Landmines Account for Large Portion of Casualties in Colombia’s Civil War

Landmines Account for Large Portion of Casualties in Colombia’s Civil War

Editor's note: The United Nations has declared April 4 as International Day for Mine Awareness and Assistance in Mine Action.

BOGOTÁ, Colombia -- As Colombia enters its fifth decade of civil war, landmines are causing what Colombia's top military commander describes as the "greatest damage" to his nation's armed forces, accounting for 50 percent of military casualties.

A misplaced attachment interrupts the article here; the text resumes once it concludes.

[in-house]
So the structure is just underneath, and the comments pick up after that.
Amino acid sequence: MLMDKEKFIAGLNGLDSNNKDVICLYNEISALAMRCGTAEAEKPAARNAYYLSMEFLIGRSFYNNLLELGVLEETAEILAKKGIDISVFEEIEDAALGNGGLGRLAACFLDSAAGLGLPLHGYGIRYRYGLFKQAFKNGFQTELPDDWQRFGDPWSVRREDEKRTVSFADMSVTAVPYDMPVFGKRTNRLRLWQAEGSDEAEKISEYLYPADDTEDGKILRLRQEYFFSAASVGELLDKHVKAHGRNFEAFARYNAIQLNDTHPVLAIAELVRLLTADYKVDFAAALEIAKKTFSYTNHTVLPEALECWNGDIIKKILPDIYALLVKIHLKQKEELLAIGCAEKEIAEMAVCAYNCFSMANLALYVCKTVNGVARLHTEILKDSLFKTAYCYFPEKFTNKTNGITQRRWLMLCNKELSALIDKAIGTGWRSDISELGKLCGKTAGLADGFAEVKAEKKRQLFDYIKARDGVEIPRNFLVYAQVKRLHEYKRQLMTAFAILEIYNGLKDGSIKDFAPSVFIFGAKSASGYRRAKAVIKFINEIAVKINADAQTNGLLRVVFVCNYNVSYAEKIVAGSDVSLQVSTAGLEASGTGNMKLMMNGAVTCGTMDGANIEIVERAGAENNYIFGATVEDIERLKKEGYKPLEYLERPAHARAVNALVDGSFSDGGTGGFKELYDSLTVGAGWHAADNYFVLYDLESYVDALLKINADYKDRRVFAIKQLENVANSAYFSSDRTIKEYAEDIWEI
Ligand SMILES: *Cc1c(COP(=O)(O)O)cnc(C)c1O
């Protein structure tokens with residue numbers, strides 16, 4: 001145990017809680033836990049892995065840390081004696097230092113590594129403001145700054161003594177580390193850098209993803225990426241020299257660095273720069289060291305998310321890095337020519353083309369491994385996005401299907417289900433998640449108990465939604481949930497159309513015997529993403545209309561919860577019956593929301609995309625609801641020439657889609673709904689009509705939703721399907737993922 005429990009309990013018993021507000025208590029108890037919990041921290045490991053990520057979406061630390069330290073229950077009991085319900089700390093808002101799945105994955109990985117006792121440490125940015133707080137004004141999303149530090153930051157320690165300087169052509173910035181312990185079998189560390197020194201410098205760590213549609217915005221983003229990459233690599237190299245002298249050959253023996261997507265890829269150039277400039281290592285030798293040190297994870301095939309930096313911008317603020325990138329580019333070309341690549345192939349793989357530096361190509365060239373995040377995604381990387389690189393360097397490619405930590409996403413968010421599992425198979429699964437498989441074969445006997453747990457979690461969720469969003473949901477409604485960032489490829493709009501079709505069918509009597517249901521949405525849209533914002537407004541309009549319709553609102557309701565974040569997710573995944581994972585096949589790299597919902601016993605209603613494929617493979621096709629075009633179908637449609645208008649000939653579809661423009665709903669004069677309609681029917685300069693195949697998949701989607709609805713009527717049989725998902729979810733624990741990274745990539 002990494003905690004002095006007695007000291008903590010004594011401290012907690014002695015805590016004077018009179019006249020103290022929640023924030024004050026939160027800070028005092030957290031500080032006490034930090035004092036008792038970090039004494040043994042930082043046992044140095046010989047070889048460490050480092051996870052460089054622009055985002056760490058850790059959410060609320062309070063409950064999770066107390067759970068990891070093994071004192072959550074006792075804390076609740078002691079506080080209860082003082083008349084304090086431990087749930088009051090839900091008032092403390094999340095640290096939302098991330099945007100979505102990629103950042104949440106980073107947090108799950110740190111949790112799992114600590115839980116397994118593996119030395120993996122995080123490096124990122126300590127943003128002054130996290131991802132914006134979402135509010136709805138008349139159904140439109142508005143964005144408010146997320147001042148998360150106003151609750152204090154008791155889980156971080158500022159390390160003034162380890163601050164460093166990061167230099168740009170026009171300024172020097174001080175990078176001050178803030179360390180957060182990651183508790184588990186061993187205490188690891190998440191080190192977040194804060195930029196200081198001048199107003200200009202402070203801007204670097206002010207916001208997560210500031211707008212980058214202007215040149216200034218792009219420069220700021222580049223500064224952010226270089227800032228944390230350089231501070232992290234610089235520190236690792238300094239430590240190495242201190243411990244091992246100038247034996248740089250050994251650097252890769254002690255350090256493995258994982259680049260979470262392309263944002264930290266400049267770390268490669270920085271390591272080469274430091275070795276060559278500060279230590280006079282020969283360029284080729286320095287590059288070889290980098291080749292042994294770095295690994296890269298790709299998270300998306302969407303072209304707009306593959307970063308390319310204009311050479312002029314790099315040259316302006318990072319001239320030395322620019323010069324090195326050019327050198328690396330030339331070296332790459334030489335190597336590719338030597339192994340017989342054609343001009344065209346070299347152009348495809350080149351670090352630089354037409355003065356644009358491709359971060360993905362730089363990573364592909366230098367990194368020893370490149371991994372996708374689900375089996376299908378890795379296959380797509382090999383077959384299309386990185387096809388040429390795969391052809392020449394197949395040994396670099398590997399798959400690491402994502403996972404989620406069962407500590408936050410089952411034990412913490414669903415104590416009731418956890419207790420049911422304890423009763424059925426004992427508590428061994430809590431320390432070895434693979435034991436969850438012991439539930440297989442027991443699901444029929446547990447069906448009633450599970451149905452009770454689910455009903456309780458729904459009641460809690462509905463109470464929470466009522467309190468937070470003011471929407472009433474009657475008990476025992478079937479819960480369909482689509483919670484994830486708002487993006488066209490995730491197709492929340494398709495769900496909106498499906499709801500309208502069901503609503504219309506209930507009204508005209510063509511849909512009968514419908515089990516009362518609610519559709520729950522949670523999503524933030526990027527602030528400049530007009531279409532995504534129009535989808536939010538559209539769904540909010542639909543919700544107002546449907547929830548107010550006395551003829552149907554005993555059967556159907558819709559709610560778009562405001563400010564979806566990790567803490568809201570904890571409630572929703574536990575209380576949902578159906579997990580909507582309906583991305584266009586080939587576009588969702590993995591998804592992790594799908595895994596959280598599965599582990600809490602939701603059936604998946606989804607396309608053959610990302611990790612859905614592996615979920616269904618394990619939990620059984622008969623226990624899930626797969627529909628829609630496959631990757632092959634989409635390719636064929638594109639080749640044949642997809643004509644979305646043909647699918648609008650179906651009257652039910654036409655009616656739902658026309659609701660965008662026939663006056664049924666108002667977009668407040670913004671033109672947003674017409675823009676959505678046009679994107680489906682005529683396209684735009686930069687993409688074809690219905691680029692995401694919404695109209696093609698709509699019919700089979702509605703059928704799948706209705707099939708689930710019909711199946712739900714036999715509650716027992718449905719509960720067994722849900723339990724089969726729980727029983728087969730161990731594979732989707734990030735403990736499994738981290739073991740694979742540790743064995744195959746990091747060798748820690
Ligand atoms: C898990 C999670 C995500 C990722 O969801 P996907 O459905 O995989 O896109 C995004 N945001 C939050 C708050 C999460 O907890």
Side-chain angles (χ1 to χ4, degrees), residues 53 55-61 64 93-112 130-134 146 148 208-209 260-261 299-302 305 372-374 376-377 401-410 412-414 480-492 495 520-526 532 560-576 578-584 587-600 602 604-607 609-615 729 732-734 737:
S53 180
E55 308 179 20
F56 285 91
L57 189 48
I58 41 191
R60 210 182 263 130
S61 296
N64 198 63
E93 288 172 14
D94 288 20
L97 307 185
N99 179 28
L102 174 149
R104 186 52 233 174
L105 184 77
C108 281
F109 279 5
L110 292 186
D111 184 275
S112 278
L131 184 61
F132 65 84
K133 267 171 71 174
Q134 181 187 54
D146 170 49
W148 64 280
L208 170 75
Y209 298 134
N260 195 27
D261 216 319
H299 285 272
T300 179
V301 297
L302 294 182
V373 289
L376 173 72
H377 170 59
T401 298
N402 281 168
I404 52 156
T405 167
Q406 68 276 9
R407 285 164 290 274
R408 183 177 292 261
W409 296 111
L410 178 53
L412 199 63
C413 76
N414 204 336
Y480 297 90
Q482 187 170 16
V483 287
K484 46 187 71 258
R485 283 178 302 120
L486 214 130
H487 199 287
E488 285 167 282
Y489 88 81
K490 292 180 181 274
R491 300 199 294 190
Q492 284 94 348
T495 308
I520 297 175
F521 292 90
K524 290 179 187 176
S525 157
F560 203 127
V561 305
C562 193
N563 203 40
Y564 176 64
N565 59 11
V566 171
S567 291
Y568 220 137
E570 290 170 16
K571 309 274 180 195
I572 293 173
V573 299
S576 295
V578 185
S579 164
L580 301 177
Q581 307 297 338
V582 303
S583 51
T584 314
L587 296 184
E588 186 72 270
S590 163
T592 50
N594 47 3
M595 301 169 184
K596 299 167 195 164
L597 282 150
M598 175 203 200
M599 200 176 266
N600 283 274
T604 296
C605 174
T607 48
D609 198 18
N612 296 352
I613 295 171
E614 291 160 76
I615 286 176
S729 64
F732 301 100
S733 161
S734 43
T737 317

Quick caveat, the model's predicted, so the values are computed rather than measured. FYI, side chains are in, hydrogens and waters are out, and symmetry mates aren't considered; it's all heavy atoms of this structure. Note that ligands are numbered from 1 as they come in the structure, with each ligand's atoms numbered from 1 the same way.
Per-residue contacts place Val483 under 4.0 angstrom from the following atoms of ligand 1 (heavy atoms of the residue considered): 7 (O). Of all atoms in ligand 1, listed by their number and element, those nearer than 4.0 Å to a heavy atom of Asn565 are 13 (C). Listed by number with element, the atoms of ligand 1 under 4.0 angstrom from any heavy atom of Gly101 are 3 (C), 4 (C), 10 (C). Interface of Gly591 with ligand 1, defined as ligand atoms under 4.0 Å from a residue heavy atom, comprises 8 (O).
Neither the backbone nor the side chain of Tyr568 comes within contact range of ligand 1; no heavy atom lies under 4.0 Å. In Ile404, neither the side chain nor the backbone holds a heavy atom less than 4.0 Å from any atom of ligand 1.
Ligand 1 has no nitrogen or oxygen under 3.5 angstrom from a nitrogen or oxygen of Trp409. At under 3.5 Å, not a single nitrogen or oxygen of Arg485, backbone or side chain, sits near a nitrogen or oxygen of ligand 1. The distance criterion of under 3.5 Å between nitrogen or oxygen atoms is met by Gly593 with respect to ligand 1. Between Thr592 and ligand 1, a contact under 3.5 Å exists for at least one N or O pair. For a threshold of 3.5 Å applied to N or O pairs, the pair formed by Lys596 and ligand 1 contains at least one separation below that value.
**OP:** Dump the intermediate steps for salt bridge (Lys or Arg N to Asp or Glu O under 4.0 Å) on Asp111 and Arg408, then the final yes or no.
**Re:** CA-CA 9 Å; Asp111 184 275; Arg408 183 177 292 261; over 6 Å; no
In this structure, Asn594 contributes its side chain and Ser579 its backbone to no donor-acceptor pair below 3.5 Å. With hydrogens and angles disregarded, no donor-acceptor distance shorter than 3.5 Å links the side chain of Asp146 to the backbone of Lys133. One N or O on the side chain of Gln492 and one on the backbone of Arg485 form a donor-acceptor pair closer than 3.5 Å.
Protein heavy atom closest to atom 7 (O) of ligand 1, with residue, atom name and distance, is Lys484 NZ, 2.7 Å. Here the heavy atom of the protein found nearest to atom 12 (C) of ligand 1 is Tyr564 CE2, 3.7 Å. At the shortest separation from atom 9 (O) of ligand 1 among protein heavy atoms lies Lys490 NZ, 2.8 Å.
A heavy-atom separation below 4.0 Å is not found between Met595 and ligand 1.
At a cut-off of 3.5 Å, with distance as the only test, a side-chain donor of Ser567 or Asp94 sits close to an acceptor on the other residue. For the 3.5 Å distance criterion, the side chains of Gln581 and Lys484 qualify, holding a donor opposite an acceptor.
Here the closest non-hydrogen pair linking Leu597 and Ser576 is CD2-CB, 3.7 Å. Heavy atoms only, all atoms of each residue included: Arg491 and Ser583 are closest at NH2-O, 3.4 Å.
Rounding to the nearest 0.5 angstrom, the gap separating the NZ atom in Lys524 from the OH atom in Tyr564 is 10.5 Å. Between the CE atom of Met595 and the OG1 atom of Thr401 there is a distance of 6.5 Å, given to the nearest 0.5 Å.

In recent years, as Colombian troops have intensified their campaign against the country's Marxist guerrillas, landmines have become the guerillas' most effective and destructive weapon. Landmines, together with unexploded ordnance like hand grenades, mortars and bombs, claimed three victims a day last year in Colombia, the highest casualty rate for such explosives in the world. Seventy percent of the victims were soldiers. Employed primarily by the Revolutionary Armed Forces of Colombia (FARC), Colombia's most powerful guerrilla movement, and less so by the smaller National Liberation Movement (ELN), landmines require only basic training and a few dollars to construct, and continue to be planted and used at an alarming rate.

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